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Violence begets violence. Racism begets racism. Sin begets sin. Hatred begets hatred. The pagan world glorified revenge and violence in works like The Odyssey. God’s revelation to the Jewish people taught to only take back what was taken from you: “An eye for an eye.”

Jesus, though, was a radical teacher, commanding his followers to forgive and not take revenge. God will forgive the sins—even the most depraved—of his people, only if they can bring themselves to forgive those who have wronged them. This teaching is recited by Christians daily in the prayer Jesus taught. Forgiveness of the other is the condition for one’s own forgiveness by God.

See Jesus on his cross. The perfect man, totally innocent, teacher of peace and bringer of joy—tortured for his love, scourged for the iniquities of other men and women—raises his eyes to heaven and pleads, “Father, forgive them, they know not what they do.”

See Nadine Collier. Every word is mixed with tears. She can barely utter the words that will free her soul from the bonds of hatred. “I forgive you,” she says, for taking away her seventy year-old mother while in a place of peace, studying the Word of God. “Have mercy on your soul.”

See Rev. Anthony Thompson. “I forgive you and my family forgives you. . . . Repent, confess, give your life to the one who matters the most . . . Christ.” No longer will he hold his wife. Revenge, hatred, murder: all these would be understandable for him. But instead, he shows true, agonizing love to the one who took his love from him.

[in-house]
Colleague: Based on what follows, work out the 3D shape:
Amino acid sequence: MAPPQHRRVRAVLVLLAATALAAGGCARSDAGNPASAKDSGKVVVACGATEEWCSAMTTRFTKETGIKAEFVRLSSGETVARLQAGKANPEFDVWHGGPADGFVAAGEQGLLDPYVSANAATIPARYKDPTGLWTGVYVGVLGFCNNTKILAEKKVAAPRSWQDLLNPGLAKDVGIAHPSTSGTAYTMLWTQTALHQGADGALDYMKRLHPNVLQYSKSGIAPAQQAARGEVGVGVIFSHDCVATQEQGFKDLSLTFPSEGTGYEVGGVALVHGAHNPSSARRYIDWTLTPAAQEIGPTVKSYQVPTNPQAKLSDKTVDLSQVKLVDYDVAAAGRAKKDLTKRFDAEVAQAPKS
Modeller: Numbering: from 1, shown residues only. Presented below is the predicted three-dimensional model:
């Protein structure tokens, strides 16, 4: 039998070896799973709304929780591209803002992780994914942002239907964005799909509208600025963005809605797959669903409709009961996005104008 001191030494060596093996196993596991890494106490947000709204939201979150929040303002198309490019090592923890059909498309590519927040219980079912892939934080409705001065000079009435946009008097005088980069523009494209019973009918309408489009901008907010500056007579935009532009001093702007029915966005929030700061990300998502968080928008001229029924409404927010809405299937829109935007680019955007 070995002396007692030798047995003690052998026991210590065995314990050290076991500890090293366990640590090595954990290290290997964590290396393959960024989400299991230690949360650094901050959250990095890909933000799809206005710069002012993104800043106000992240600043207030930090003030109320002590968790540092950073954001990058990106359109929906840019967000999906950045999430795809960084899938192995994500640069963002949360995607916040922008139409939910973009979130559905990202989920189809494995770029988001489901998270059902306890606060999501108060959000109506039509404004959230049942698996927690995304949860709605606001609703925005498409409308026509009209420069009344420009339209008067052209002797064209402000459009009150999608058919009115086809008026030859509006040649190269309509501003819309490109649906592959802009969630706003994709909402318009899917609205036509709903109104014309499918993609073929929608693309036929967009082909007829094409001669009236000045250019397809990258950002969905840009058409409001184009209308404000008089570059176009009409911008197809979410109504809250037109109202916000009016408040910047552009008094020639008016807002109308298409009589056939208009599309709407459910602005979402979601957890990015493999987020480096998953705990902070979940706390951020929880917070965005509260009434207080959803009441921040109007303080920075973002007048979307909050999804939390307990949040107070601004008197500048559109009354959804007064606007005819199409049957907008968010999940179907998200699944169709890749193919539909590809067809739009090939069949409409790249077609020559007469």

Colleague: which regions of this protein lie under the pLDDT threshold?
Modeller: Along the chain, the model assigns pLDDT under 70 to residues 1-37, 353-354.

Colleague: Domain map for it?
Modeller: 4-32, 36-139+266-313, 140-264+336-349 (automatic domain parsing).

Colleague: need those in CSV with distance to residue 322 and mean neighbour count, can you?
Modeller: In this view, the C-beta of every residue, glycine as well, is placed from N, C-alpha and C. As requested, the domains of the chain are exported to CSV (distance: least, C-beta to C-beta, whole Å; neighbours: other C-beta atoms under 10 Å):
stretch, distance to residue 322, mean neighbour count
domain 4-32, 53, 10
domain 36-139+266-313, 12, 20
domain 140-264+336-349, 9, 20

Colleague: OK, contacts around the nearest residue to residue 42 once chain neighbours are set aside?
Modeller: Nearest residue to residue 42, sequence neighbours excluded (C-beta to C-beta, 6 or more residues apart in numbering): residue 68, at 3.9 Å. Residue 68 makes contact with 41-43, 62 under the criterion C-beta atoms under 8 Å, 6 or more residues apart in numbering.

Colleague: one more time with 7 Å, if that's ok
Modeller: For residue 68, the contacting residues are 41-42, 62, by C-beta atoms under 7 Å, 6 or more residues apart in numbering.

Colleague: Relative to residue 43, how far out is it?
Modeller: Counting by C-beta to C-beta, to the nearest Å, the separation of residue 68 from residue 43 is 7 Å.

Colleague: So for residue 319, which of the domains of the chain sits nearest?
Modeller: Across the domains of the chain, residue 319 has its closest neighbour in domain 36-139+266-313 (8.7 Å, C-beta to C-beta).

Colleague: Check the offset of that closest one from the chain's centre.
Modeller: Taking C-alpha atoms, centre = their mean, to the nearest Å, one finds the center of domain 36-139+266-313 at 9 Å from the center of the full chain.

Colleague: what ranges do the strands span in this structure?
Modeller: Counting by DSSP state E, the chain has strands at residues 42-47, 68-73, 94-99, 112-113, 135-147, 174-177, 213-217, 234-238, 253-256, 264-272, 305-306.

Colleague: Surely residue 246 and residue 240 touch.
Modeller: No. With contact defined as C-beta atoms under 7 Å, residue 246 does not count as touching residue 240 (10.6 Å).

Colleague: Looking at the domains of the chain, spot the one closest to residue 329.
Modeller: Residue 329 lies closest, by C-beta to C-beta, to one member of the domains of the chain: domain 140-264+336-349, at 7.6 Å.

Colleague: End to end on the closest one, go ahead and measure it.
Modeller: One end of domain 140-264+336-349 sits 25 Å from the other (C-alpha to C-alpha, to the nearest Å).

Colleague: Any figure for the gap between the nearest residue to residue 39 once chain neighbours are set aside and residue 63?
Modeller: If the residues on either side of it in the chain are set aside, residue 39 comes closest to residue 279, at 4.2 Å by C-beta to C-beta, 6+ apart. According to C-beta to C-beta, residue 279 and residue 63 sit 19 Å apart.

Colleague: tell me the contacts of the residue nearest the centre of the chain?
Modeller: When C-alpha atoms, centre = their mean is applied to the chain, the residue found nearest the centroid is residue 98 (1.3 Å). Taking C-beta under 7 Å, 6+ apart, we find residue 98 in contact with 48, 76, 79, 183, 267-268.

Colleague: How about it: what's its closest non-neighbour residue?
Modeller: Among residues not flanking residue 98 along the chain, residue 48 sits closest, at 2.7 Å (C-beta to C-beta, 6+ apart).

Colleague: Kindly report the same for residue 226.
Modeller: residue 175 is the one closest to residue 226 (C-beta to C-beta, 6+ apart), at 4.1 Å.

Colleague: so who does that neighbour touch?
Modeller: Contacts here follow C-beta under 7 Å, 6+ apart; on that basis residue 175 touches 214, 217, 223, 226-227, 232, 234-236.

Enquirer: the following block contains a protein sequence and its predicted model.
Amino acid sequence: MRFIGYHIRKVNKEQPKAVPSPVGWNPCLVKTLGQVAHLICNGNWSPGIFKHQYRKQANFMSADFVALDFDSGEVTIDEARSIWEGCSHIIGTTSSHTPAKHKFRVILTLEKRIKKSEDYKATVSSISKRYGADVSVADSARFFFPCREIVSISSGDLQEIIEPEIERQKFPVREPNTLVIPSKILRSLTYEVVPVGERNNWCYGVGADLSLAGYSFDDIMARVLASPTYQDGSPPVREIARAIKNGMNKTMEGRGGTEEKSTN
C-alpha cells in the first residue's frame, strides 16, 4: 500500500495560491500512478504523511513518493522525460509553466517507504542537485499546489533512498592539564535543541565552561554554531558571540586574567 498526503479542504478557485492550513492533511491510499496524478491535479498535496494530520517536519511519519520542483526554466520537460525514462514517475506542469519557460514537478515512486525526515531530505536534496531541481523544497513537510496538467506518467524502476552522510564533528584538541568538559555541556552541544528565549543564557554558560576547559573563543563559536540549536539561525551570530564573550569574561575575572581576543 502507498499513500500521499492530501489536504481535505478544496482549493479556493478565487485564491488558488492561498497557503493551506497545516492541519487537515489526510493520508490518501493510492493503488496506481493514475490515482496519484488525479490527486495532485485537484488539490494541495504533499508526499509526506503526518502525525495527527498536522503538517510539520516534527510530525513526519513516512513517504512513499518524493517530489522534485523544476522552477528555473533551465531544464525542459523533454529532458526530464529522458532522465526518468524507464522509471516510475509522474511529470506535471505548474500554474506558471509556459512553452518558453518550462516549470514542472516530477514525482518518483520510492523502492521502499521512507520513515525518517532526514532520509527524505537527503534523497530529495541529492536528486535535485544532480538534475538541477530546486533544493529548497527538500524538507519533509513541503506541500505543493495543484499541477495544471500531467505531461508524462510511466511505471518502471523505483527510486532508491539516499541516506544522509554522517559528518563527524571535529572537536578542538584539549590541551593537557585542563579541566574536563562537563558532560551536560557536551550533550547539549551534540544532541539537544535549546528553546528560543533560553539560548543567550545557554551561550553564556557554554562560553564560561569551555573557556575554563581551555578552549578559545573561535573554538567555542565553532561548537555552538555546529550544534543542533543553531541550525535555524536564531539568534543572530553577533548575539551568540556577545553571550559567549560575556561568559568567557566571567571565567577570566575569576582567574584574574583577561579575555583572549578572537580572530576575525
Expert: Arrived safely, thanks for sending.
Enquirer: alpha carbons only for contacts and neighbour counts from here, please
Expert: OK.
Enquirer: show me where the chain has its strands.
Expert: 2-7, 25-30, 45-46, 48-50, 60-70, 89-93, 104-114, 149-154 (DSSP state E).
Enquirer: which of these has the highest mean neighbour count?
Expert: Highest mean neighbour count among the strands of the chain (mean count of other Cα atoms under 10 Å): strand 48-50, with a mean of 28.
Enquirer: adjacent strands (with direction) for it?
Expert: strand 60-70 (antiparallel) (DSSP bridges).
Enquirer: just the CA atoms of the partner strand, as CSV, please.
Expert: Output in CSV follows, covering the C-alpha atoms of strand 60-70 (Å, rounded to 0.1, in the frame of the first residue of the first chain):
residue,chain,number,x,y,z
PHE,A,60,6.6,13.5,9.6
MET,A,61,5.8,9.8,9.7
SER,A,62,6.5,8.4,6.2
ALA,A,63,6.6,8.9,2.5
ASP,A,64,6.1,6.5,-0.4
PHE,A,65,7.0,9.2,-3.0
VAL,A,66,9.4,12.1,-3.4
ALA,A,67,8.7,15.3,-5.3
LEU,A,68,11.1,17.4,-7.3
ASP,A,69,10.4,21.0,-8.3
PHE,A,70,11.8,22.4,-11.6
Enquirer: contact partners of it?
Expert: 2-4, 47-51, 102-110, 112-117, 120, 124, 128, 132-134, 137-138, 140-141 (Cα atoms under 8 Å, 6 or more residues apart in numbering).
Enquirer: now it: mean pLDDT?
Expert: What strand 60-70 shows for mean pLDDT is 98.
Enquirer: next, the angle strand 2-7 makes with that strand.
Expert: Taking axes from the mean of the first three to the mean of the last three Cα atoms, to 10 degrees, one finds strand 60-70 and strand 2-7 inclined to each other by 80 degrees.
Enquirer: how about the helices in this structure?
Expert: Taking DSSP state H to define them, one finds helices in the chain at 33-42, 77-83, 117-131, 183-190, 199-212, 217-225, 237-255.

See Felicia Sanders. “We welcomed you with open arms. You have killed some of the most beautifulest people that I have known. Every fiber in my body hurts, and I will never be the same. Tywanza Sanders is my son, but Tywanza was my hero. . . . But may God have mercy on you.”

These and others have done what is possible only through the grace of God and cooperation with his power. Though they rightly still seek justice, the power of Jesus’s forgiveness of his persecutors lives on in his disciples.

The blood of those great witnesses who died while practicing their Christian faith cry out with Jesus’s own blood “more eloquently than that of Abel,” not for revenge, but for love. This is the love that conquers all, the love that forgives, the gritty painful, tear-filled love mixed with blood that baptizes the believer.

Forgiveness is not weak. Killing people at a Bible study is weak. Giving into revenge is understandable and seems strong, but it too is weak. Already a victim of someone else’s hate, forgiveness frees you from being a victim of your own hate. This allows the victims to pursue justice with a clear conscience.

This virtue of forgiveness doesn’t go unnoticed either. For those who don’t know Christ, these witnesses in Charleston are telling of his resurrection once again and spreading the Good News that he has conquered death once and for all. By the grace of God, for those at Emanuel A.M.E. Church in Charleston, violence begets love, racism begets dignity, sin begets grace, hatred begets forgiveness. 

Dominic Bouck, O.P., is a Dominican brother of the Province of St. Joseph and a summer intern at First Things.

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